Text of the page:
The Fallacies of Nuclear Security and the need for an Anti-nuclear Movement: A Critique of the 2012 Seoul Nuclear Security Summit

RIAWM International Department

On March 25, thousands of Korean anti-war activists, union members and ordinary citizens gathered Seoul Plaza for a series of massive people's rallies. The protesters gave voice to many demands related to the livelihood and safety of ordinary Korean people: repeal of the U.S.-Korea Free Trade Agreement, the cessation of the construction of the Jeju naval base, the guarantee of workers' rights to a living wage and job security.

The first part of day was devoted to one issue in particular: The Second Nuclear Security Summit, held in Seoul from March 26 to 27. Protesters shouted "No to the Nuclear Security Summit," and called for promises of "Not 'nuclear security', but a nuclear-free world."

Many people are not familiar with the Nuclear Security Summit. Most Koreans had not even heard about it until the Lee Myung-bak administration began advertising it as the 'largest international meeting ever to be held in South Korea" a few months ago. Even after the billboards and television adds appeared, few have a clear sense of what the summit is about, given that that the government has done little to explain its details. The rally on March 25 provide anti-war and anti-nuclear activists a chance to spread awareness about the true character of the summit as a means for the U.S. and other nuclear weapons states to defend their nuclear hegemony and for the South Korean government to promote the development of its nuclear industry and export of nuclear power plants.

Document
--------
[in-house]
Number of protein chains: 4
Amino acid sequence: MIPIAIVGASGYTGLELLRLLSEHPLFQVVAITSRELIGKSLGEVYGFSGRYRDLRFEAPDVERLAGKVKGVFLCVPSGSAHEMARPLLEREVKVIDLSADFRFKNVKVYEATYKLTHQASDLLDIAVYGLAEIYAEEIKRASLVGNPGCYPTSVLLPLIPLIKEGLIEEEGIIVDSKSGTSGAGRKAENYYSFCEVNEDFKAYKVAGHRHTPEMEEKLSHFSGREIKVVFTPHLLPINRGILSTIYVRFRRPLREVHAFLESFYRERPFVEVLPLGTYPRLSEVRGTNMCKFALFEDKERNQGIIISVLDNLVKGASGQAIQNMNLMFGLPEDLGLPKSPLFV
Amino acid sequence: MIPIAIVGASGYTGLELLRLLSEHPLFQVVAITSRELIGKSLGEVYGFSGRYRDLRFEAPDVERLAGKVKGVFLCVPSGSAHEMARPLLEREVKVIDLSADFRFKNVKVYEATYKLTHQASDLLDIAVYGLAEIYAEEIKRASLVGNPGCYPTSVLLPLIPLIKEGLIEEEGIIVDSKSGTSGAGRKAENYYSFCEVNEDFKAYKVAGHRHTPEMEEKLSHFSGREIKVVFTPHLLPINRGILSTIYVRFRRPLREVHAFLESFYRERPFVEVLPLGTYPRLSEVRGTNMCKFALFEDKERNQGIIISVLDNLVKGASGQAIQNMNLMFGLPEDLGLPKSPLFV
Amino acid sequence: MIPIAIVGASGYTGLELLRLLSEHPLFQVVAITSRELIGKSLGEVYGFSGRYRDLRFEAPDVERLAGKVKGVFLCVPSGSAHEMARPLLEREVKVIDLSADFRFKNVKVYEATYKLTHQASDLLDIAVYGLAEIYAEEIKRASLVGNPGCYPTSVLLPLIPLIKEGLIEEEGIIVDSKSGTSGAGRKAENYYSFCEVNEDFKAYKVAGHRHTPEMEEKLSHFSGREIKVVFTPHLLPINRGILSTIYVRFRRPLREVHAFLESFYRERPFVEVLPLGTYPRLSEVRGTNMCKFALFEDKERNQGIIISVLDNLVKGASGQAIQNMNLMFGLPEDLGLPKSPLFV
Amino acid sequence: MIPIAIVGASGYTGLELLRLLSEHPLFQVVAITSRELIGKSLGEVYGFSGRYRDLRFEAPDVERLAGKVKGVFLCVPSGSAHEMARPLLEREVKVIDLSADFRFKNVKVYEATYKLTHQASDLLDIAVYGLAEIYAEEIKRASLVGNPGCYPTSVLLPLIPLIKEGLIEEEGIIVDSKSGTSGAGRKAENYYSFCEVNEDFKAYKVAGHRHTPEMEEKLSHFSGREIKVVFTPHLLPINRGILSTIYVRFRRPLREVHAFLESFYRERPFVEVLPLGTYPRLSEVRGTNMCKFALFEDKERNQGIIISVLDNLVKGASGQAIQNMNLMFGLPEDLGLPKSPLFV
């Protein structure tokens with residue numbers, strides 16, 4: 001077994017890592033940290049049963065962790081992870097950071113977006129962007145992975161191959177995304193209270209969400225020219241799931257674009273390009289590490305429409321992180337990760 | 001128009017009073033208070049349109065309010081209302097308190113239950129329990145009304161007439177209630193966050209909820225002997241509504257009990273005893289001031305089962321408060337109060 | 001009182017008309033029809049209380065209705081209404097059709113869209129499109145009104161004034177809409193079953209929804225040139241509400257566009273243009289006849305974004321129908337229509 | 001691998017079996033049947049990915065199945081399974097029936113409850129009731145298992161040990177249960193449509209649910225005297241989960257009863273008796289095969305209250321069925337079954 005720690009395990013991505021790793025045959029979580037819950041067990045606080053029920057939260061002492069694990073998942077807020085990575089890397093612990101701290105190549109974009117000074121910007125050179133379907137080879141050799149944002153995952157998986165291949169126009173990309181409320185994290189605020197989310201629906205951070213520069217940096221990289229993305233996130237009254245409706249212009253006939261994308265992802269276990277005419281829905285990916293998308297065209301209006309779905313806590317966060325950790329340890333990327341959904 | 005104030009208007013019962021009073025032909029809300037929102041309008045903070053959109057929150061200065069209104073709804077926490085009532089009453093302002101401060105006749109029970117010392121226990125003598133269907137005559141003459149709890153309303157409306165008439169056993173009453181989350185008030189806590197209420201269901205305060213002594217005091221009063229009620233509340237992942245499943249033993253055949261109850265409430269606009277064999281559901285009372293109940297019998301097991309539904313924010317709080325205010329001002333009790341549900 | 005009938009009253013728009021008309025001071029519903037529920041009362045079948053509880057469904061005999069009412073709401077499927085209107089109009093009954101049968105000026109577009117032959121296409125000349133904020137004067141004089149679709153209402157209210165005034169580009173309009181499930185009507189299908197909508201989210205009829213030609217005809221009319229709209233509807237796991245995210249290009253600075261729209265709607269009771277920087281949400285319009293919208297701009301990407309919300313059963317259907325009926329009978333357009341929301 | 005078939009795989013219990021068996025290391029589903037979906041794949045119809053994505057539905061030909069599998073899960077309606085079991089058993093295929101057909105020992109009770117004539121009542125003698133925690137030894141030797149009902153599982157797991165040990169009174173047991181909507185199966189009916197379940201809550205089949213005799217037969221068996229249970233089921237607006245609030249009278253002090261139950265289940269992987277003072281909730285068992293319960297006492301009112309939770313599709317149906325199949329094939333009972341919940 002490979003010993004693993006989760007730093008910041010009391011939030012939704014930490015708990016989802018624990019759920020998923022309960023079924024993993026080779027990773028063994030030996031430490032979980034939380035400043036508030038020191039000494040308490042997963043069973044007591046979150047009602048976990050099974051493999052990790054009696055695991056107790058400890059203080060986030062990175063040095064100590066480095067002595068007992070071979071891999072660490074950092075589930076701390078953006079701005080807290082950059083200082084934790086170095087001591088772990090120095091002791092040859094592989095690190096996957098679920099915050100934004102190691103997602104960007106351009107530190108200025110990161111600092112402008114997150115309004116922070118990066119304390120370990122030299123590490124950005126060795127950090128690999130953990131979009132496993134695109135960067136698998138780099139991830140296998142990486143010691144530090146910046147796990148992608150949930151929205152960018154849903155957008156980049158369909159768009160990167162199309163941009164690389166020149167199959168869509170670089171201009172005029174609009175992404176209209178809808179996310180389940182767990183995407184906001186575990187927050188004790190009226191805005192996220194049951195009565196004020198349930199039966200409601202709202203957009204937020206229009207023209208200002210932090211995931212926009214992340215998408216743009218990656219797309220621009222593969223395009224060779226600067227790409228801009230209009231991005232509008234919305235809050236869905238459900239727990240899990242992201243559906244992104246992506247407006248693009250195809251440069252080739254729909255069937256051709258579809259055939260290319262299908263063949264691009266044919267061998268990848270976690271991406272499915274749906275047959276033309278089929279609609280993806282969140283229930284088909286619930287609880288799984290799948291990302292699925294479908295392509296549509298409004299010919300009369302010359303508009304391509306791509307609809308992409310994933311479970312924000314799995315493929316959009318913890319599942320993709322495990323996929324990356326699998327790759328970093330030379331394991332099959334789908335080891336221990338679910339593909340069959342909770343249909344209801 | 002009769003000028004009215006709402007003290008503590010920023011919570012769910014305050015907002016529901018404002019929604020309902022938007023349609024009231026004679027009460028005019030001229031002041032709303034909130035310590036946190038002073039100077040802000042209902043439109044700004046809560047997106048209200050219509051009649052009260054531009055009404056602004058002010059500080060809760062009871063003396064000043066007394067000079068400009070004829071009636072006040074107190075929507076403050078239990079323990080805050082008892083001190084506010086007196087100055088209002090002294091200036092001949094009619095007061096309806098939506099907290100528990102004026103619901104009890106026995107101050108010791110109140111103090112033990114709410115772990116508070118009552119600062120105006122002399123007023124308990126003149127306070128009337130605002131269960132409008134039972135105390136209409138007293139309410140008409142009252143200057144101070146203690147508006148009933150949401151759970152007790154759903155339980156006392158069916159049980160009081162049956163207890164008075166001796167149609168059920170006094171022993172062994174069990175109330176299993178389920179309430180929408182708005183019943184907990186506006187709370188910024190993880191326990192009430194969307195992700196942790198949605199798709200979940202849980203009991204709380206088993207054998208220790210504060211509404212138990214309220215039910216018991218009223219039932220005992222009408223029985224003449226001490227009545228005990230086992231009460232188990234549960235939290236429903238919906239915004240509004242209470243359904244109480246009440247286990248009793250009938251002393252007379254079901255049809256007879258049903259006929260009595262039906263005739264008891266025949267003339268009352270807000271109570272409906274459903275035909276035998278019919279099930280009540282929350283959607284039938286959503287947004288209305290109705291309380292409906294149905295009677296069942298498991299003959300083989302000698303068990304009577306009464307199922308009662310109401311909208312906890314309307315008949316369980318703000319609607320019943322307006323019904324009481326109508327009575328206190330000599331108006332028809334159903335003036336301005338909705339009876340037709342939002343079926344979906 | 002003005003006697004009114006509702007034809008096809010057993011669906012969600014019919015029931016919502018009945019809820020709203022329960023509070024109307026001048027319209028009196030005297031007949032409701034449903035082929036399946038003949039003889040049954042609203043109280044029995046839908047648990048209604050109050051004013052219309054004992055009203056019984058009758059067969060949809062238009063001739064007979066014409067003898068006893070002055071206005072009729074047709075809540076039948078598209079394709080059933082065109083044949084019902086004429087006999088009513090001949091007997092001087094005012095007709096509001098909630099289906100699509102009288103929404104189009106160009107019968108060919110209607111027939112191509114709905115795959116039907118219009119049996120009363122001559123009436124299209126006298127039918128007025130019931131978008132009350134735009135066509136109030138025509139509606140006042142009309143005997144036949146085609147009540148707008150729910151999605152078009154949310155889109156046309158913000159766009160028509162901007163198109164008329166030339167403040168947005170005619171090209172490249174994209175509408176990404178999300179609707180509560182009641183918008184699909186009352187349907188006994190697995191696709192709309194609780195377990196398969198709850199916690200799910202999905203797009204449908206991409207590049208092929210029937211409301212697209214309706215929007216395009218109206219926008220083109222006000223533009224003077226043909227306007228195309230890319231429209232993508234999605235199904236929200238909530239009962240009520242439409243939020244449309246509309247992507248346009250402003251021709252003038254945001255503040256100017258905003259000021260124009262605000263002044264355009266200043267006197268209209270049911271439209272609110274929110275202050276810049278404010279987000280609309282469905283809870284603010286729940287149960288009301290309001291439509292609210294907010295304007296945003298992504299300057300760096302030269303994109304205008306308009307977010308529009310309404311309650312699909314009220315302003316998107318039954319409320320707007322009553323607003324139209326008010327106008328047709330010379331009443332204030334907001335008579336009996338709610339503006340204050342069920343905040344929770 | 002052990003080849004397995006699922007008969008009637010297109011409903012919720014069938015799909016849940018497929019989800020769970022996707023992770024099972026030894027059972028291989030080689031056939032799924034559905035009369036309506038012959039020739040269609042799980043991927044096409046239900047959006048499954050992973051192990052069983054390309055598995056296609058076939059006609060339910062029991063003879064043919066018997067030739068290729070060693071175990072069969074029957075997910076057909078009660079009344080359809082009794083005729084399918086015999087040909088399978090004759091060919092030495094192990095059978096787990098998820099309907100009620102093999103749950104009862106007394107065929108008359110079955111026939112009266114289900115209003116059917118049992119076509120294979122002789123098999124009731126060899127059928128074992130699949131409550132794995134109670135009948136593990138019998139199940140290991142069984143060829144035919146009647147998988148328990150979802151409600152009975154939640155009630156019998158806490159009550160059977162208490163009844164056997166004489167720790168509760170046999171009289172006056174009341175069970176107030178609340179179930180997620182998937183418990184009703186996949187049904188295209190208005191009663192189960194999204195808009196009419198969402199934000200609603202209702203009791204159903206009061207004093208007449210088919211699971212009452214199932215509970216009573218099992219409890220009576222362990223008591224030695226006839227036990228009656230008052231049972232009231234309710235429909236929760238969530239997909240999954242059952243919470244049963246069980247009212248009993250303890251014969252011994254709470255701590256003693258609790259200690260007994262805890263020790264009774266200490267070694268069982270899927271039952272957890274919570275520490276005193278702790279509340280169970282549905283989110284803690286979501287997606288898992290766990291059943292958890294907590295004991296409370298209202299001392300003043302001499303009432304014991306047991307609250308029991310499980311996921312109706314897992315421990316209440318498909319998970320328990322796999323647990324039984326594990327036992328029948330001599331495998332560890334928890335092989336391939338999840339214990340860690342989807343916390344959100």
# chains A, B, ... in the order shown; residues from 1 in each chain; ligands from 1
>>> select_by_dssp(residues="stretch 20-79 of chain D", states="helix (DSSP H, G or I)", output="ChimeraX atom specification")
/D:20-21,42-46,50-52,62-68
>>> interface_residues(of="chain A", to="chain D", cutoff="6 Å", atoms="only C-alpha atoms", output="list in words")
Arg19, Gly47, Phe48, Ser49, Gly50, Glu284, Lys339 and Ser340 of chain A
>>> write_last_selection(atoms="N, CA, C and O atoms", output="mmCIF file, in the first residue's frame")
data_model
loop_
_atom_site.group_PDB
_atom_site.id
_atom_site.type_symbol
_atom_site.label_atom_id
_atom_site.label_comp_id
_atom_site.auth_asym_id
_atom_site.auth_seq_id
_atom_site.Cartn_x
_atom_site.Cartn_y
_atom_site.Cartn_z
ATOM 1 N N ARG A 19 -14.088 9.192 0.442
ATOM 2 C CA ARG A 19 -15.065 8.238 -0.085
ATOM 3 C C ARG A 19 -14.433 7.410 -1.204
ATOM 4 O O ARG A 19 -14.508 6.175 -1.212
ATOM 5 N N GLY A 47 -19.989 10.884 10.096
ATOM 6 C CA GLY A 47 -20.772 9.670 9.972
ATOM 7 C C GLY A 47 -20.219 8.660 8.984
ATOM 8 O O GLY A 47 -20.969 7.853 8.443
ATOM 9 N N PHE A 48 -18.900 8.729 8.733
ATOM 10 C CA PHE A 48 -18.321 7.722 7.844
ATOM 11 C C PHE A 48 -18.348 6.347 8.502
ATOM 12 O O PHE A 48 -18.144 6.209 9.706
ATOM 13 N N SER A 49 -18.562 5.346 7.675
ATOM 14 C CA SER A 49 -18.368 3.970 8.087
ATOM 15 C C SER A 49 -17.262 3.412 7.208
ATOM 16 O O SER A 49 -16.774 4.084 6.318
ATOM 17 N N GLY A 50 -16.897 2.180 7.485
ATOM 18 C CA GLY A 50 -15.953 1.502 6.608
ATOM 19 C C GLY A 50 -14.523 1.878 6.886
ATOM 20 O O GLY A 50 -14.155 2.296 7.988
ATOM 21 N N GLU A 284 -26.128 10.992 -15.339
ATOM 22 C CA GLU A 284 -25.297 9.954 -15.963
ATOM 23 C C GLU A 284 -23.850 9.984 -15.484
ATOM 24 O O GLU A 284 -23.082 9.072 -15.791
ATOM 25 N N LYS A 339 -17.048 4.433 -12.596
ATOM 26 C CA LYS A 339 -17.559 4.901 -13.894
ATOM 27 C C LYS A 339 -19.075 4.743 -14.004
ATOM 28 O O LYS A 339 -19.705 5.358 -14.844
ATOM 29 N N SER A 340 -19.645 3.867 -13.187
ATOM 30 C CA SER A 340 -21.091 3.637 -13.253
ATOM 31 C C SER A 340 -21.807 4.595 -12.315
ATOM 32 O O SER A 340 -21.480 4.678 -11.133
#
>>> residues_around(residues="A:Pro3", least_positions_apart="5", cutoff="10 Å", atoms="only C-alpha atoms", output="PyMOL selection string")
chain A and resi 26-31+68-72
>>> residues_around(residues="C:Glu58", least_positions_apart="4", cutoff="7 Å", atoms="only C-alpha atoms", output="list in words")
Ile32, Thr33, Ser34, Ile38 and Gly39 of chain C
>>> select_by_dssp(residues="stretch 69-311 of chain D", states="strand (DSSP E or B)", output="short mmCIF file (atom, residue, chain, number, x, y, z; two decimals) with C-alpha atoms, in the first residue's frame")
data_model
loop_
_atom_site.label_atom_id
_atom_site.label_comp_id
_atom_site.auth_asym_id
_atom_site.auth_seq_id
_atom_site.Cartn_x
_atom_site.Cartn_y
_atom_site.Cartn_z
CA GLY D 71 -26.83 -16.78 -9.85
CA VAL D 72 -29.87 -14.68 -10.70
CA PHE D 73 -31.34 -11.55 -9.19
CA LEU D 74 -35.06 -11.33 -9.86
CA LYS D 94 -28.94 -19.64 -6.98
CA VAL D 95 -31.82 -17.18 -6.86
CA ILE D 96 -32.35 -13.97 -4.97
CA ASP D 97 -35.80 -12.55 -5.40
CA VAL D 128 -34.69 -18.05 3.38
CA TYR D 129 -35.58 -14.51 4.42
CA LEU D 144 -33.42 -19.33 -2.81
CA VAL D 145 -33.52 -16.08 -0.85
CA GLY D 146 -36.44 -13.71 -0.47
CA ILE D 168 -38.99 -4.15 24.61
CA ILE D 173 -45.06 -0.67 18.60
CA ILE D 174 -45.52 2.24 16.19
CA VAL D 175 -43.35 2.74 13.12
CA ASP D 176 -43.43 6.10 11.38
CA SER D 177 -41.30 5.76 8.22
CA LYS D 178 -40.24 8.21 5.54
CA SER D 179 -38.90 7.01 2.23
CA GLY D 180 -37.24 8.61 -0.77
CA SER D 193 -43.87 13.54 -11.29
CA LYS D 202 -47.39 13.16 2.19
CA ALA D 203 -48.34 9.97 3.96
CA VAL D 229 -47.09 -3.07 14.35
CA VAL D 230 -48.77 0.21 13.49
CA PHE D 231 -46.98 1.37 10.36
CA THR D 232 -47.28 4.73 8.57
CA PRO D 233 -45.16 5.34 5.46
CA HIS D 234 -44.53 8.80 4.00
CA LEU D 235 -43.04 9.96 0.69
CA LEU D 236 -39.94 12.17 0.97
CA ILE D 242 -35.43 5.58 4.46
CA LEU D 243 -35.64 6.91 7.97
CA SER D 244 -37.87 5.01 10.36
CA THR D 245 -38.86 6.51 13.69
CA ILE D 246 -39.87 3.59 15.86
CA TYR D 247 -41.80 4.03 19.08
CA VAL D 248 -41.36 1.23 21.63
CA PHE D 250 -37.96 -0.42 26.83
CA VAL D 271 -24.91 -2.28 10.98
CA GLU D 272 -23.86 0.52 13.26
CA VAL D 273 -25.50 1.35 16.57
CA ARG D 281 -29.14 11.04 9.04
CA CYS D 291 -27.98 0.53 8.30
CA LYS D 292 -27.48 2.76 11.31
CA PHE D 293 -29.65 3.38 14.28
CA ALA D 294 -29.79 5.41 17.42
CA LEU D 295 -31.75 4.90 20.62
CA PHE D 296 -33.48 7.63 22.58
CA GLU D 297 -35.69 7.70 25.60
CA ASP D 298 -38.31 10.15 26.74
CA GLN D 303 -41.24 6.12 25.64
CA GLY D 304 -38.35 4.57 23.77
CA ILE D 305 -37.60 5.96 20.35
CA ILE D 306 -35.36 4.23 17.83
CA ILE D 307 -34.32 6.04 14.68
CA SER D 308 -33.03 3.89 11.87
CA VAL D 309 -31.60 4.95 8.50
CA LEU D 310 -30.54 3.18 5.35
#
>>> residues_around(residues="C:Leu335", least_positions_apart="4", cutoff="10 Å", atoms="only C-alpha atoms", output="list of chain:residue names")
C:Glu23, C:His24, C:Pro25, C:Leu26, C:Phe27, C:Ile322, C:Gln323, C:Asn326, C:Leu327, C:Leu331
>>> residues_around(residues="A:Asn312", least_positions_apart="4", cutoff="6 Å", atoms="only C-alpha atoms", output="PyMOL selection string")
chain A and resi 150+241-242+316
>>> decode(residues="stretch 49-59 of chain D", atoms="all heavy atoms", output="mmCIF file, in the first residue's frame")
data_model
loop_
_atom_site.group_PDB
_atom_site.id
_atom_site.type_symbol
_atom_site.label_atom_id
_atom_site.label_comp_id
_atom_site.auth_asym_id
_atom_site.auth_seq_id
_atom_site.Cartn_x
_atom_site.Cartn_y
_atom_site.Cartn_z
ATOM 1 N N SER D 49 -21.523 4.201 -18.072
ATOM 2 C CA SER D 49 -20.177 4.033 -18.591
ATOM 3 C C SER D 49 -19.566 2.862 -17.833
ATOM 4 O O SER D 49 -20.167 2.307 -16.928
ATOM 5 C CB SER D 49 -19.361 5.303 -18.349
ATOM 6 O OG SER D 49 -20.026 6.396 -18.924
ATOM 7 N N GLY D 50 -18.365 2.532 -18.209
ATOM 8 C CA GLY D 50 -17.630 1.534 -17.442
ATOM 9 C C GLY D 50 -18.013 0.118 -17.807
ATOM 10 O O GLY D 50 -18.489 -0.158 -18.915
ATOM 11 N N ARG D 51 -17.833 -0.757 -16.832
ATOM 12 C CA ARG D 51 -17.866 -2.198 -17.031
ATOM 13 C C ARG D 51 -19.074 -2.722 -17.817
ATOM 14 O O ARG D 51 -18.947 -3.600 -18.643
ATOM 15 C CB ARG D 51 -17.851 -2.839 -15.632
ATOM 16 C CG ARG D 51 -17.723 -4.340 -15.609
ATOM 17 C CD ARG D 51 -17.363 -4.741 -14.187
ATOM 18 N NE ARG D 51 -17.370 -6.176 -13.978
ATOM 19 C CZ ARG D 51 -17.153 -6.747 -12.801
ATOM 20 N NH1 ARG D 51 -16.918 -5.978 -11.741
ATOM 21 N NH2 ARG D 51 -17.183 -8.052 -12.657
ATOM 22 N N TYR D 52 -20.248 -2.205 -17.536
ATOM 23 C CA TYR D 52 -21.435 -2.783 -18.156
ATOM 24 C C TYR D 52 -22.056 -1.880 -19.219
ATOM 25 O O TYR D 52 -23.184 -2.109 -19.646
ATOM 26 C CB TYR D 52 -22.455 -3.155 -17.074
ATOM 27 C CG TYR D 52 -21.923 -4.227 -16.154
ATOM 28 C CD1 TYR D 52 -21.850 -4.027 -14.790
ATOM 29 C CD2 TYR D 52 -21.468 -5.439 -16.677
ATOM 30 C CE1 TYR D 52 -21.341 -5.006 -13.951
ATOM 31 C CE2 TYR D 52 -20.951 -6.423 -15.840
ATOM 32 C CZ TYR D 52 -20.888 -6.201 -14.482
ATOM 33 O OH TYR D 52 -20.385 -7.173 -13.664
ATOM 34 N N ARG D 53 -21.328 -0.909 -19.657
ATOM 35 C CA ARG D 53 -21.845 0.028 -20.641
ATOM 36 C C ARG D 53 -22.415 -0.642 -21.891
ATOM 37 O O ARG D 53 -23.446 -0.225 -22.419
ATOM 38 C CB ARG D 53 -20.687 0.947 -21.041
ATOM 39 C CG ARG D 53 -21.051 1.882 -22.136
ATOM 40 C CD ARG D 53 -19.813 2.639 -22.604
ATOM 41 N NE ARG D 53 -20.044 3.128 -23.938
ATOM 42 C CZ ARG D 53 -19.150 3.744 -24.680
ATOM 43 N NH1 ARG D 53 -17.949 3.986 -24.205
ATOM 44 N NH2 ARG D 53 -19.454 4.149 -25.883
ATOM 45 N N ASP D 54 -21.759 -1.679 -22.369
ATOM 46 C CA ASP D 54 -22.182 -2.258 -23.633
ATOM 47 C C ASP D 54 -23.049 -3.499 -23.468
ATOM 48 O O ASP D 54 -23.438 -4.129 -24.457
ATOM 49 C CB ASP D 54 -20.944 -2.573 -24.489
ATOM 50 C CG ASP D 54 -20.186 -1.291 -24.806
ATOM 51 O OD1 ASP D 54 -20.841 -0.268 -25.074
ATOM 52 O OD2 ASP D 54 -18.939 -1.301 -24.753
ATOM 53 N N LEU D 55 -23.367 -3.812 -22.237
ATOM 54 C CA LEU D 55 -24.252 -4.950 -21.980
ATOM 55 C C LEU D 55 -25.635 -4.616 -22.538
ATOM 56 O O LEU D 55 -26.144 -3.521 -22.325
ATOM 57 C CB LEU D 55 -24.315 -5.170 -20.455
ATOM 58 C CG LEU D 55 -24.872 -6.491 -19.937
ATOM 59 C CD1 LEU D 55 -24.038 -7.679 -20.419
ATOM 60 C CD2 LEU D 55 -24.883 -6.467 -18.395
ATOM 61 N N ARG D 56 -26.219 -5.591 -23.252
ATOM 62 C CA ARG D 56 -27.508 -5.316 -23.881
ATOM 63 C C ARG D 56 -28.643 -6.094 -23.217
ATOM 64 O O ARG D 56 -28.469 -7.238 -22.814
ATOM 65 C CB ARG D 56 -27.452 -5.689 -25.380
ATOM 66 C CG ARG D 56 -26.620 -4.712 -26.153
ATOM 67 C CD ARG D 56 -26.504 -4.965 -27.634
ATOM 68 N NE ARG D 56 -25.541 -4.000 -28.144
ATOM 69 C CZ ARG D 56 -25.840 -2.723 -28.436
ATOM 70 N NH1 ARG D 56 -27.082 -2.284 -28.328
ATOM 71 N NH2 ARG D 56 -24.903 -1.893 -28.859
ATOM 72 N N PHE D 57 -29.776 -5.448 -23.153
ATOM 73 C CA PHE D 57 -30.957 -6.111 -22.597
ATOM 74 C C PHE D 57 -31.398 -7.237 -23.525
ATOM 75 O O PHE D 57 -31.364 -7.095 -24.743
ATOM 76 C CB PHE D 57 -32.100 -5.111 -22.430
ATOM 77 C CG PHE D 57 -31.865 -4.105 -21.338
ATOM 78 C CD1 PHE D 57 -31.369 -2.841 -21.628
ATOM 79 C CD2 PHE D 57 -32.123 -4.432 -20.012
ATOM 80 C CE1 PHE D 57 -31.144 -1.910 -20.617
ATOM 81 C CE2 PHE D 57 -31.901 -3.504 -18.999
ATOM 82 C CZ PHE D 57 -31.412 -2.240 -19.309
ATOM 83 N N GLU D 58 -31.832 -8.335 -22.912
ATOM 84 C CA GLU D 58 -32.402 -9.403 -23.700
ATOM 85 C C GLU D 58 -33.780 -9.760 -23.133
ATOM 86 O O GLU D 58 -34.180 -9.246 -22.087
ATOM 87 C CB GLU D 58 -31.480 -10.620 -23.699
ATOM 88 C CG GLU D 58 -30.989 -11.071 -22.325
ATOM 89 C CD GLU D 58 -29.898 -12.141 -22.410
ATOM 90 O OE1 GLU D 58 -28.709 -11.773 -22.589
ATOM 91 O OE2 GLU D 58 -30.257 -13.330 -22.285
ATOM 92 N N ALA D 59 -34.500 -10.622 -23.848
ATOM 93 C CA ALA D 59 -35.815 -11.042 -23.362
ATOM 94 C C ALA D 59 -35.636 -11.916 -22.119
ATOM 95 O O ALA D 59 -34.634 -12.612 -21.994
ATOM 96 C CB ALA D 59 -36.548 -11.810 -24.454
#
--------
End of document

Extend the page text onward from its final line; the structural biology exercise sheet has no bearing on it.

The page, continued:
What is the Nuclear Security Summit?

The Nuclear Security Summit is a meeting of the heads of states and representatives of international organizations (the UN, the IAEA, the EU) to discuss the prevention of nuclear terrorism and the securing of nuclear materials and facilities. U.S. President Barak Obama first proposed the summit a speech in Prague in April 2009. In the same speech, Obama called for a world free of nuclear weapons, while paradoxically also promising that the U.S. "will maintain a safe, secure and effective arsenal to deter any adversary, and guarantee that defense to our allies," as long as nuclear weapons exist. The first Nuclear Security Summit was held in Washington D.C. in 2010, and the second in Seoul last month.

The ideas of 'nuclear security' and a summit of world leaders to discuss it sound good. In fact, however, the term and the meeting are part of the United States' efforts to maintain its nuclear weapons dominance, while also appearing to take steps towards a nuclear-free world. The premise of nuclear security is that the greatest nuclear threat comes not from nuclear weapons themselves, but from the possibility that nuclear materials, the main ingredients for nuclear weapons, will fall into the hands of terrorists or other 'irrational' non-state actors. While the Nuclear Security Summit discusses cooperation for securing such nuclear materials, it does not address the fact that over 20,000 nuclear weapons, enough to destroy humanity several times over, already exist in the possession of governments who have not ruled out their use.

Nuclear Non-proliferation and Nuclear Weapons Hegemony